That such creative work (and time) is given freely when it comes to the NHS is itself an indication of the way in which it is valued, but the very idea behind such a literary venture may also tell us as much about the value – and assumed impact – of the written word, particularly for the NHS itself. The Gift states as much in its Preface and Introduction, but this is also borne out by the increasing resources and programmes within the NHS set aside for the delivery of arts-based initiatives. Patient- and staff-centred writing workshops sit alongside the collections of art in hospitals, art-as-therapy, commissioned art and artist-in-residence projects. Schemes such as ‘Poems While you Wait’, ‘Poems in the Waiting Room’, and ‘Poems for Those Who Wait’ testify to an increasingly complex relationship between the NHS and literature (and indeed art generally), including the NHS’ power to motivate the (often free) circulation of creative work. The first of these came out of a writer’s residency, while the latter projects derive from an Arts in Health charity and the charity Hyphen-21, respectively.
So while The Gift marks a project that seeks to both represent and ‘serve’ the NHS, there is clearly a distinction to be made generally between literature that works for the NHS, and that which works to represent it. Such a difference can be telling, for in the current ‘canon’ of 20th and 21st Century British Literature (including the work of the ‘Angry Young Men’ of the 50s), while some select authors have engaged with the emergence and social implications of the Welfare State, any sustained or explicit focus on the NHS and its attendant impact remains conspicuously absent. A more recent anthology that does attempt this – Alan Morrison’s edited collection Emergency Verse: Poetry in Defence of the Welfare State (2010) – shares with The Gift an overt ideological impetus, which in this case is to valorise and reinforce the importance of the Welfare State. Here the NHS is ‘included’ as a special illustration of the successful principles of universality and egalitarianism, and where The Gift offers the written word as a force to inspire (mass) staff commitment and reflection, Emergency Verse invests literature with the power to rouse and effect political change. Both, however, ultimately hold some sense of political affiliation, with The Gift as a commissioned output from a policy directive, and Emergency Verse overtly stating its political drive from the outset. Green Party Caroline Lucas MP is the book’s patron, and the preface sets out the anthology as a call-to-arms following the Coalition’s ‘Emergency Budget’ of 2010. The book is accordingly referred to as a ‘petition of 112 poets’ and a ‘literary campaign’ (Caroline Lucas, Emergency Verse, Preface) in a way that makes no bones about the relationship between literature and politics, and the word’s power to motivate action. ‘NHS’ would appear to be words just as powerful for such campaigns. The NHS only appears by name in the titles of three of the poems, with the majority of the anthology necessarily focused on politics and the Welfare State more generally. Yet the preface uncompromisingly places the book as a defence ‘of the Welfare State and the National Health Service’, with the front cover design also lending itself to associations with health emergencies, and a significant portion of the essays engaging directly with the significance of the NHS and the need to protect it from further privatisation.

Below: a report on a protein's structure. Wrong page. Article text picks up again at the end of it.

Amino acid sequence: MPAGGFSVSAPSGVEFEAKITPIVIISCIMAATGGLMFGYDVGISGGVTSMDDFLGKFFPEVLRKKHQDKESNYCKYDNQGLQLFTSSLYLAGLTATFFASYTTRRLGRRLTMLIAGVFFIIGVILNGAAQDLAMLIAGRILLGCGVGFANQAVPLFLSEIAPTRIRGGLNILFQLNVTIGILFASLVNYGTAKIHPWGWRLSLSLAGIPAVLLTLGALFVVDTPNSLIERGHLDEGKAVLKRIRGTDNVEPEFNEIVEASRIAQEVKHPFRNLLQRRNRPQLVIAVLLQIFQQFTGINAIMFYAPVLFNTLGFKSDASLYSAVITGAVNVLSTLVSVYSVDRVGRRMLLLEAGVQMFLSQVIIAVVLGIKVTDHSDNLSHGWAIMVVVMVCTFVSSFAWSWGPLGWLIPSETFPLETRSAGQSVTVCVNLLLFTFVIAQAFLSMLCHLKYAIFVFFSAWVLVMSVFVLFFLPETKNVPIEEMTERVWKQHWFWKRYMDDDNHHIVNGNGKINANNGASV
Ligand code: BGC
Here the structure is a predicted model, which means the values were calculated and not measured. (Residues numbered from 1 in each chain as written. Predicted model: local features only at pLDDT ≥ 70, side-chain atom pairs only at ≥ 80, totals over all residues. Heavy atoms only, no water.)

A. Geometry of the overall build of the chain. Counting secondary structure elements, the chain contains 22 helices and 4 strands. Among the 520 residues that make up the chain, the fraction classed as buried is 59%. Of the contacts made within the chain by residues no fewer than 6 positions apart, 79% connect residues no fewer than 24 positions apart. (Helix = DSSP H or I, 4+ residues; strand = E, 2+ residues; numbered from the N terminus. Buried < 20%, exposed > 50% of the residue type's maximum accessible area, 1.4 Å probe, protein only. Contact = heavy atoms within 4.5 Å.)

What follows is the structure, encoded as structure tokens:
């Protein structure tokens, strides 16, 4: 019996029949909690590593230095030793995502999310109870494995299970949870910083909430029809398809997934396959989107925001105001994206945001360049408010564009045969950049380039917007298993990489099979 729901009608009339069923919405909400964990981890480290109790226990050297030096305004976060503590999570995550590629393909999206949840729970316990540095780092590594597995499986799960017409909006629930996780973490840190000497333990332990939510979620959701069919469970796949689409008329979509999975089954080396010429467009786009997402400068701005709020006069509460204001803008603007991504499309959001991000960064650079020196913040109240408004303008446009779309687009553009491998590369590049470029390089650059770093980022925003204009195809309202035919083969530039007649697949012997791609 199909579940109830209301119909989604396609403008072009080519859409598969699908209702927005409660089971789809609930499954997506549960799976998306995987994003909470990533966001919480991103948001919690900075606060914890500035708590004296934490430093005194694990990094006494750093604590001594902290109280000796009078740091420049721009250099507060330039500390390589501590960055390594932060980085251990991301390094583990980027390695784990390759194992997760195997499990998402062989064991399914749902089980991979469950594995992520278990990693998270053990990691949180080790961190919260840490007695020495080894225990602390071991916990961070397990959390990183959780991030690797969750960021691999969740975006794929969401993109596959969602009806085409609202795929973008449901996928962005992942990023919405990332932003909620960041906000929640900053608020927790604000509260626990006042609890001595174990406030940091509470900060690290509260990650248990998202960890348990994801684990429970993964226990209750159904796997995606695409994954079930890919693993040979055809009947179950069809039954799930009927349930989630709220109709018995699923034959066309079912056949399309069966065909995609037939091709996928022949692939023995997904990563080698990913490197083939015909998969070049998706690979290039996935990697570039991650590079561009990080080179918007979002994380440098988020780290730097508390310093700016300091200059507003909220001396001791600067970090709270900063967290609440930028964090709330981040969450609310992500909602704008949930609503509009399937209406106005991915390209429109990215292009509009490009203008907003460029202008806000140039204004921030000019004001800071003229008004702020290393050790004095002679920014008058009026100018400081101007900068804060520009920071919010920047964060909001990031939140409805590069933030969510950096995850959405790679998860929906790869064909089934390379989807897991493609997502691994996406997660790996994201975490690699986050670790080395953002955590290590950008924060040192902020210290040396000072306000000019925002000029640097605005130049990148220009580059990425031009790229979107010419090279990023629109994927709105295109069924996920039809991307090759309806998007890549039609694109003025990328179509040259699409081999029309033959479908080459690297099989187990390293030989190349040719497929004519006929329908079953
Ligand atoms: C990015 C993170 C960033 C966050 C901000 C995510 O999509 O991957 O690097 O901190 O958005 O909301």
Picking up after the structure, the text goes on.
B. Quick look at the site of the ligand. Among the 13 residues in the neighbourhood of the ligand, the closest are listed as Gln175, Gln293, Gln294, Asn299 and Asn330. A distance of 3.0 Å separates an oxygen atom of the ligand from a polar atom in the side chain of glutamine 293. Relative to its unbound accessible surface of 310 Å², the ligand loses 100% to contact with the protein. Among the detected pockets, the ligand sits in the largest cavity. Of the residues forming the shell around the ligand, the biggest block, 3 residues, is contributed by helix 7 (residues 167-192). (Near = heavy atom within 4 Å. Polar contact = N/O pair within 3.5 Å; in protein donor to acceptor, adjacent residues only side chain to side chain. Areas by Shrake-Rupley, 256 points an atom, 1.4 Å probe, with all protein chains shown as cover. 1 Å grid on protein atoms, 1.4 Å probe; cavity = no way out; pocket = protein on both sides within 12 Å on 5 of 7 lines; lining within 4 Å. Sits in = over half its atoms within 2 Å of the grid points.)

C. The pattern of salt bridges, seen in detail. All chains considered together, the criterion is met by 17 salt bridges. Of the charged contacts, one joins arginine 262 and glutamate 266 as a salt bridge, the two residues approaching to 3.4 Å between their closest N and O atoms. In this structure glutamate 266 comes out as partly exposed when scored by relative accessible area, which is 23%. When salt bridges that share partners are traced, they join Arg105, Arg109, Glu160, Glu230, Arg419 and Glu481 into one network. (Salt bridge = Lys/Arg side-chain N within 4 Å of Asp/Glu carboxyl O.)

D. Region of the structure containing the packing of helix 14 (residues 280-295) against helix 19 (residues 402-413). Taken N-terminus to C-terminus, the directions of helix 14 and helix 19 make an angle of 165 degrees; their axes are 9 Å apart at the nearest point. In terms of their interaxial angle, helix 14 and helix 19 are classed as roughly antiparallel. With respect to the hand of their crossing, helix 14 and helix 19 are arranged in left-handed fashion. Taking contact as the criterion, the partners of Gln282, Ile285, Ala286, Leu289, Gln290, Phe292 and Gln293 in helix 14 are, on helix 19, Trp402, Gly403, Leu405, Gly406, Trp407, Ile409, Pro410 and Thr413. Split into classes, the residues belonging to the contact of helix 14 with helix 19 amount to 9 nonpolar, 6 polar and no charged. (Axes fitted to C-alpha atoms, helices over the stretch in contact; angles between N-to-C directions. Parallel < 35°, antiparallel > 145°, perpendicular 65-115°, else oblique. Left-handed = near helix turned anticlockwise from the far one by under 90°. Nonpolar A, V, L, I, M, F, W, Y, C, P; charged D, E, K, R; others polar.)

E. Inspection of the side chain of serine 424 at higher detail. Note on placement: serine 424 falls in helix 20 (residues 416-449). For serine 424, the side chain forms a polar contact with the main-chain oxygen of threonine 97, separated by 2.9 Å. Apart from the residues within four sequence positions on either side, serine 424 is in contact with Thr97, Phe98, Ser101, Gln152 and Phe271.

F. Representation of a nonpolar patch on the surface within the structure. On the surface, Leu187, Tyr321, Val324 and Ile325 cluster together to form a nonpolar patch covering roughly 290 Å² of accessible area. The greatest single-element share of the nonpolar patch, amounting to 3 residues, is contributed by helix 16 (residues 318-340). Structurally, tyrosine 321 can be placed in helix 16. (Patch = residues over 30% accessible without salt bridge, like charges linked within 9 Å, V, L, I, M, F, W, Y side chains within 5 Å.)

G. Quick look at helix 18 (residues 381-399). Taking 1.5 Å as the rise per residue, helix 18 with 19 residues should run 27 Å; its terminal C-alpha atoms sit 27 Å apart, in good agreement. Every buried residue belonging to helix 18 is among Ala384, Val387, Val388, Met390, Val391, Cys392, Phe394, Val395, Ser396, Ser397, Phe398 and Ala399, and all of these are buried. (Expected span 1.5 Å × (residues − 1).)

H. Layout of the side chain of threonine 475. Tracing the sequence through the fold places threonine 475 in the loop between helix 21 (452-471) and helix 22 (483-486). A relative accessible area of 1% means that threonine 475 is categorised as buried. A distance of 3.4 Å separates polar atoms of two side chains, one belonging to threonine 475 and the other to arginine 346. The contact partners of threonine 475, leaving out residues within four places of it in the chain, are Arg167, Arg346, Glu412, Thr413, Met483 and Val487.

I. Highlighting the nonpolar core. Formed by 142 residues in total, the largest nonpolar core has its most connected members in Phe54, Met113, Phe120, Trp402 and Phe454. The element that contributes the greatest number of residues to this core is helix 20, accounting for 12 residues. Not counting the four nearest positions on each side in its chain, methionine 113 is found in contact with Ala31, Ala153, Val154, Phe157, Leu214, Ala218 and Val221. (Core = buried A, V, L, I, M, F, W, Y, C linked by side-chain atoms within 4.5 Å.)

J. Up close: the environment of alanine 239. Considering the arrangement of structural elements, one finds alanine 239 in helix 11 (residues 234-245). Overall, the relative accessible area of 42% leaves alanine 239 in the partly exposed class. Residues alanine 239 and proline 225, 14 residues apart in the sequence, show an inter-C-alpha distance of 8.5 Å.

From the controversial and contested suggestion that A. J. Cronin’s Citadel was a formative influence on the establishment of the NHS, the relationship between the Health Service and literature has remained curiously complex, and complexly curious. Ambivalent representations within policy-based anthologies jostle with radical verse that reifies a national establishment. Workers within (and outside) the NHS contribute literature (freely) to different literary collections that explore and defend it, while artists increasingly become part of the NHS’ paid workforce. And in the content offered by such literary endeavours, it is clear that the cultural value of the NHS means that it appears to be able to undergo relentless criticism while its status as a sacred institution remains (at least conceptually) intact. Whether or not literature has the potential to move us and inspire us to action always has, and perhaps always will, remain open to question, but its relationship with the NHS suggests that the cultural force of the National Health Service may have a more incontrovertible power.